Sir Geoffrey Vos believes AI will change principles and practices of common law

Apr 4, 2024
Author: Simon Bladen
Simon is one of the firm's Audit Partners. Simon is responsible for looking after the firm’s legal, charitable and not-for-profit clients.
Legal tech

Artificial intelligence (AI) is poised to revolutionise the practice of law, potentially reshaping the principles of common law, according to Sir Geoffrey Vos, the Master of the Rolls. Speaking at the Manchester Law Society, Sir Geoffrey offered an optimistic view of AI’s impact, suggesting it could influence various legal specialisms, including company law, insolvency law, contract law, tort law, and even criminal law.


Practical advantages of AI

Sir Geoffrey emphasised the practical advantages of AI in legal practice, suggesting that lawyers may find it difficult to demonstrate reasonable skill and diligence if they fail to utilise these new technological tools. He noted that even the judiciary will face pressure to expedite routine decisions, potentially delegating some tasks to AI systems.


Fears regarding adopting AI

Dispelling fears surrounding AI, Sir Geoffrey likened it to any other tool, highlighting its ubiquity in daily life, such as in smartphones. He argued that concerns about misuse of AI parallel those of any other technological innovation, emphasising the need for responsible implementation.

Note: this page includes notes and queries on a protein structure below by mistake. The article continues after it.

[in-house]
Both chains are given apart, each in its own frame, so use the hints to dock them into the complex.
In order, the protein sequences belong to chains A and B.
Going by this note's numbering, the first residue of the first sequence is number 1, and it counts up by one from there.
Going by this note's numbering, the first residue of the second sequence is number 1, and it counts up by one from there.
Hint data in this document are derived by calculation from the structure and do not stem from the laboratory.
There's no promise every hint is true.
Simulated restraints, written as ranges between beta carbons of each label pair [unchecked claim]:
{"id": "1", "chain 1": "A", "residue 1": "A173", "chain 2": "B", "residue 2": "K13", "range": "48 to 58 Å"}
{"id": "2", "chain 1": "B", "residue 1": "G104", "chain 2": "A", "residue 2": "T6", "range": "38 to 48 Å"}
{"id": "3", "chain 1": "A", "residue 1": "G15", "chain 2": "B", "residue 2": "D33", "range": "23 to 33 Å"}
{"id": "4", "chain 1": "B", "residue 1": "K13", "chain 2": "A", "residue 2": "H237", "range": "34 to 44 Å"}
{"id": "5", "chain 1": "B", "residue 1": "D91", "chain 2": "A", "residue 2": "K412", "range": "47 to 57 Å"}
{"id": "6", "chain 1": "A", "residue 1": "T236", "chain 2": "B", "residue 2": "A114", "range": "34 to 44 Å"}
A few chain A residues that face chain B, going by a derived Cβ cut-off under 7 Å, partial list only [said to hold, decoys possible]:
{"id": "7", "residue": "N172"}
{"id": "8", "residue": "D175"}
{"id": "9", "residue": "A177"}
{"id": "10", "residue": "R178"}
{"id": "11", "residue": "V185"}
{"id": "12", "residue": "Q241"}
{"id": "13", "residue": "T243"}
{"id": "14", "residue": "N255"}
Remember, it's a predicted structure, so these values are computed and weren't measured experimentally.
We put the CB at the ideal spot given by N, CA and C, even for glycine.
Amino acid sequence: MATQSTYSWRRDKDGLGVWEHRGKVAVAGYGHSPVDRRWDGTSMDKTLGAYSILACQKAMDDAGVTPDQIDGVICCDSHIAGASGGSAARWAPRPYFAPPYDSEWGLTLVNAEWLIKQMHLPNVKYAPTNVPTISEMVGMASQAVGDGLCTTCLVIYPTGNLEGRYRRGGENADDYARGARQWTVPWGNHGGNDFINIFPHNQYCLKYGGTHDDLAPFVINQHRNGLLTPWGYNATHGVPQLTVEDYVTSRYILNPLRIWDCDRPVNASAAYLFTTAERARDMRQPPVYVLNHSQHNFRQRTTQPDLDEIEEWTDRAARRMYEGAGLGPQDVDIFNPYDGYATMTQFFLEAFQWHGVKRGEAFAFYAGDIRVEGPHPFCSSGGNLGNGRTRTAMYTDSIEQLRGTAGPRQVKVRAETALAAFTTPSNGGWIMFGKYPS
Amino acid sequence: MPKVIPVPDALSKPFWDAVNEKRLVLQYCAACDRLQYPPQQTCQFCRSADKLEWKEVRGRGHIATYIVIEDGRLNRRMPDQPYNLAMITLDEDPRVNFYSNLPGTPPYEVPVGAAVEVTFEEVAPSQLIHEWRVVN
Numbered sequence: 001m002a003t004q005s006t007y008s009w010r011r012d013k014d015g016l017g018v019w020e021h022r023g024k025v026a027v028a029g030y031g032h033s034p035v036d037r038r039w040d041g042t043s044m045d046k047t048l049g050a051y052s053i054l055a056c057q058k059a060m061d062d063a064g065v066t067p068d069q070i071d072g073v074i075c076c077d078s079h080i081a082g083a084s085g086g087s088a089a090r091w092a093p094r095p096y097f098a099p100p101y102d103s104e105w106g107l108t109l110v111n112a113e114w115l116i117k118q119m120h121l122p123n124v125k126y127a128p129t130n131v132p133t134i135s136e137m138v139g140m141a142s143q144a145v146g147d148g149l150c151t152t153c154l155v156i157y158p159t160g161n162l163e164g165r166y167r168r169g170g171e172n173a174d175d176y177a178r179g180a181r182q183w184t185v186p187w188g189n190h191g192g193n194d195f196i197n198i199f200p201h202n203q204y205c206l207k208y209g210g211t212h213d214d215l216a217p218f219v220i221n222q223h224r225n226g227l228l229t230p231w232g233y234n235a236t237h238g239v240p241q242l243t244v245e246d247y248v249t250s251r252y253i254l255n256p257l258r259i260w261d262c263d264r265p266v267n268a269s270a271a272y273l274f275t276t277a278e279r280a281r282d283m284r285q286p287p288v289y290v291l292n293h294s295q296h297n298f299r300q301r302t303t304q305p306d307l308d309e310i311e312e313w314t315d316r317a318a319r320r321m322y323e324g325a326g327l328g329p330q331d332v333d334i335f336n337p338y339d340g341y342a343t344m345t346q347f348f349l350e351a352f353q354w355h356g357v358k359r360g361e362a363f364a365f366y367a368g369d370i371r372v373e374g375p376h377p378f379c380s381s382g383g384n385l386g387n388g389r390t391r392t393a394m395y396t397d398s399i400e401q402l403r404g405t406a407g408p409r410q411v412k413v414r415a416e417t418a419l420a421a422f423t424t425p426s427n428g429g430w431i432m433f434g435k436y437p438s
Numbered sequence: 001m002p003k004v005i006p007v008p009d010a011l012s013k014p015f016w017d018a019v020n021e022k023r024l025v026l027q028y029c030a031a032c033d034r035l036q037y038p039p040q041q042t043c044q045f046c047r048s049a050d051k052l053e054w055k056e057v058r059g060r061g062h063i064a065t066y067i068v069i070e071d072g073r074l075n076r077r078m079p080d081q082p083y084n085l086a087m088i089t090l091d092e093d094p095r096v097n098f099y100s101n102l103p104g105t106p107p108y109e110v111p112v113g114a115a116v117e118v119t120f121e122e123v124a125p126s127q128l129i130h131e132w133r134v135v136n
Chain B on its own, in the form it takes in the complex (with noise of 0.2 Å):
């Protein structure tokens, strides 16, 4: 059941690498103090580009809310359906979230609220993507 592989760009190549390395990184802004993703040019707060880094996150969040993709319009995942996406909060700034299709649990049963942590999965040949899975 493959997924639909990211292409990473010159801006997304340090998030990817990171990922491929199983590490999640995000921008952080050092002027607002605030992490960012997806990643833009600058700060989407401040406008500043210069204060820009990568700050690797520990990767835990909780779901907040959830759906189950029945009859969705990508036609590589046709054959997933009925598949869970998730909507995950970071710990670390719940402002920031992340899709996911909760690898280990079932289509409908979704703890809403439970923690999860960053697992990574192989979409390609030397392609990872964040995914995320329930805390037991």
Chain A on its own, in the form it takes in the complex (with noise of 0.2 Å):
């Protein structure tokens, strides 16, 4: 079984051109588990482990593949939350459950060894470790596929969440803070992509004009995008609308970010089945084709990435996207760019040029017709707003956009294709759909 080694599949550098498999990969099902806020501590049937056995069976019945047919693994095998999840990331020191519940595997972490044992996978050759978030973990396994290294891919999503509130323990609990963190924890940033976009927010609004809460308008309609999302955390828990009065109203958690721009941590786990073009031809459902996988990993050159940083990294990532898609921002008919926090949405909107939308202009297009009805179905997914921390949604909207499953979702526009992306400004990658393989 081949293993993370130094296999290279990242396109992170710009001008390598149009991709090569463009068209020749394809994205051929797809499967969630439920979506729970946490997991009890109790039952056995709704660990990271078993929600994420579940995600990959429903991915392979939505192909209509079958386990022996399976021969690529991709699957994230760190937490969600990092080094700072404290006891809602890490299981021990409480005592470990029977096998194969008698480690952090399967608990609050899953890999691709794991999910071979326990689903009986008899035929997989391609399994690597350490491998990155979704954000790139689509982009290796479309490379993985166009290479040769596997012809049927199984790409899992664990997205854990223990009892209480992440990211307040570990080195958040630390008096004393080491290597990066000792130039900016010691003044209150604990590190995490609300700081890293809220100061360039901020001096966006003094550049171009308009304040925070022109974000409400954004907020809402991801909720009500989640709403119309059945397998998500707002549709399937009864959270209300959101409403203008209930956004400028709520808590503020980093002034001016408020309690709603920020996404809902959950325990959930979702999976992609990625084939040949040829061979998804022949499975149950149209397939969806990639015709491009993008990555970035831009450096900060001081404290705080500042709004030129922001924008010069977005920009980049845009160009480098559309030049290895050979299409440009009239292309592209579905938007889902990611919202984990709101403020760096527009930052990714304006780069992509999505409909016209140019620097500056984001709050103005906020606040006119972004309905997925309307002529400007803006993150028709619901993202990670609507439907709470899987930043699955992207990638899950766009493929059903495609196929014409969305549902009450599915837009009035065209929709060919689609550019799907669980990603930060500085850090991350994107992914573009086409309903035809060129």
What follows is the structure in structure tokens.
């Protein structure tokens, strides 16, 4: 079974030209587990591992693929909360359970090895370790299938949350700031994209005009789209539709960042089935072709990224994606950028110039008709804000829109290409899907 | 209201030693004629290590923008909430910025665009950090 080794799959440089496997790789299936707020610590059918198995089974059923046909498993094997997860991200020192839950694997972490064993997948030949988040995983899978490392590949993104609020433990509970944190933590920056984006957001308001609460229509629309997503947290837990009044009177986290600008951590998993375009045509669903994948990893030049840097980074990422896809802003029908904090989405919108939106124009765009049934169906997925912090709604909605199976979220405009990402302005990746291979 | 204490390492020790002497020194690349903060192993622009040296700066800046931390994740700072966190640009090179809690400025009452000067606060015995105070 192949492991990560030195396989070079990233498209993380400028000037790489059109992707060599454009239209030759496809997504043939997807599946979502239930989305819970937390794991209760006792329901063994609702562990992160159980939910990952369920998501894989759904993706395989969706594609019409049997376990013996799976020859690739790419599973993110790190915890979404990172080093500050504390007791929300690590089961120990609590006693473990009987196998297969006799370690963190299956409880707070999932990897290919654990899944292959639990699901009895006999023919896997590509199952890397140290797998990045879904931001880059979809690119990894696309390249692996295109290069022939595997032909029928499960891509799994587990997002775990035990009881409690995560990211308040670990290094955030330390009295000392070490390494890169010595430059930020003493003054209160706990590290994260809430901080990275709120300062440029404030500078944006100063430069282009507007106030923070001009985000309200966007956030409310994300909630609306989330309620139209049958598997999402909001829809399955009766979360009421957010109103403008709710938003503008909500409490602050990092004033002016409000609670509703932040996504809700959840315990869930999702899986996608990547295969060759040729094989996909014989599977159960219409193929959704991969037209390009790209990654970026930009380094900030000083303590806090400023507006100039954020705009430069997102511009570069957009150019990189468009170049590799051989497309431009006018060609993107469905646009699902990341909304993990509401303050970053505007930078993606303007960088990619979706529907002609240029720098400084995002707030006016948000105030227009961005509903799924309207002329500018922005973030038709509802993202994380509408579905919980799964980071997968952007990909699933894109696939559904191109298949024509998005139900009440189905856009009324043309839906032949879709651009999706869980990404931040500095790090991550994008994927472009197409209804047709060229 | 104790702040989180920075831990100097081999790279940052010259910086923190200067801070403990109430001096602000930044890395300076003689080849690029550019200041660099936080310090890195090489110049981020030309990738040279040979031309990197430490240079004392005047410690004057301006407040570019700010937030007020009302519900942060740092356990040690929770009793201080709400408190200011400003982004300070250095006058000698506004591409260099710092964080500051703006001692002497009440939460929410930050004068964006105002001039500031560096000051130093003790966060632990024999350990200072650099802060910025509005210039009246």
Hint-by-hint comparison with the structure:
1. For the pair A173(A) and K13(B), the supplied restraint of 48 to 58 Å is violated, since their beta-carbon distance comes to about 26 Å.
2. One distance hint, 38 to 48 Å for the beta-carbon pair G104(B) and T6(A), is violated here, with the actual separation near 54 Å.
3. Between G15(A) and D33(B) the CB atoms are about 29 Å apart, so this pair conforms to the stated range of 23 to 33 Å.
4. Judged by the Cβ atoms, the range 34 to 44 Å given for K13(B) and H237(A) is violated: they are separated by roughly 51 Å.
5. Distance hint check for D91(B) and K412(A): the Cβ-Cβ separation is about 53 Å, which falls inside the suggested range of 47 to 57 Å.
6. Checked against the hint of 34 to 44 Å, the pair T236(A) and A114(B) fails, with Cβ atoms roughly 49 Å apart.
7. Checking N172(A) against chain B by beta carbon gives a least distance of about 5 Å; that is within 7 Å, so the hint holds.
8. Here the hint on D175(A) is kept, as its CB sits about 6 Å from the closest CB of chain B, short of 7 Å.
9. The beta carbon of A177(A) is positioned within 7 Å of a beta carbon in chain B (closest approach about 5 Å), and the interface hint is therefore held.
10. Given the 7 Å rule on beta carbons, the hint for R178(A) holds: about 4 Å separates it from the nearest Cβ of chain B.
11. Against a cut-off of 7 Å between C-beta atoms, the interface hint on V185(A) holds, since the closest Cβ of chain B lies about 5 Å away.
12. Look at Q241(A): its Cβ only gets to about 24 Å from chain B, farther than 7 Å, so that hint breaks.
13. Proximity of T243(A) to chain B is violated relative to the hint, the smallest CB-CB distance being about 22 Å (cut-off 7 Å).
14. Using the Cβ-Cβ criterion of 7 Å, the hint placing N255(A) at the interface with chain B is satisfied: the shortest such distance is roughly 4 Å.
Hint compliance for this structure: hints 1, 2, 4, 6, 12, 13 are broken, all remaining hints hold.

AI a time saving intervention

Drawing from his own experiments with AI products like ChatGPT, Google Gemini, and Microsoft CoPilot, Sir Geoffrey praised AI’s efficacy in drafting contracts. While acknowledging the need for human oversight, he lauded AI’s ability to significantly reduce the time required for contract drafting compared to traditional methods.

Addressing concerns about AI’s accuracy in legal contexts, Sir Geoffrey suggested that specialised AI systems trained on legal data could outperform generic models. He envisioned a future where AI-generated contracts could become commonplace, compelling clients to opt for cost-effective AI solutions over traditional legal services.


AI’s impact on common law and practice

Furthermore, Sir Geoffrey highlighted AI’s potential to impact fundamental principles of common law, such as the implication of terms and regulations governing unfair contract terms. He suggested that the nature of the duty of care may necessitate re-evaluation in light of AI advancements.

Regarding the judiciary, Sir Geoffrey noted the receptiveness of senior judges to AI tools, evident in the issuance of judicial AI guidance. He envisioned AI integration within a digital justice system, offering quicker and more efficient dispute resolution methods.



In conclusion, Sir Geoffrey Vos advocated for embracing AI’s potential to transform legal practice while acknowledging the need for responsible implementation and adaptation of legal frameworks. As AI continues to evolve, it promises to reshape not only legal processes but also the foundational principles of common law.

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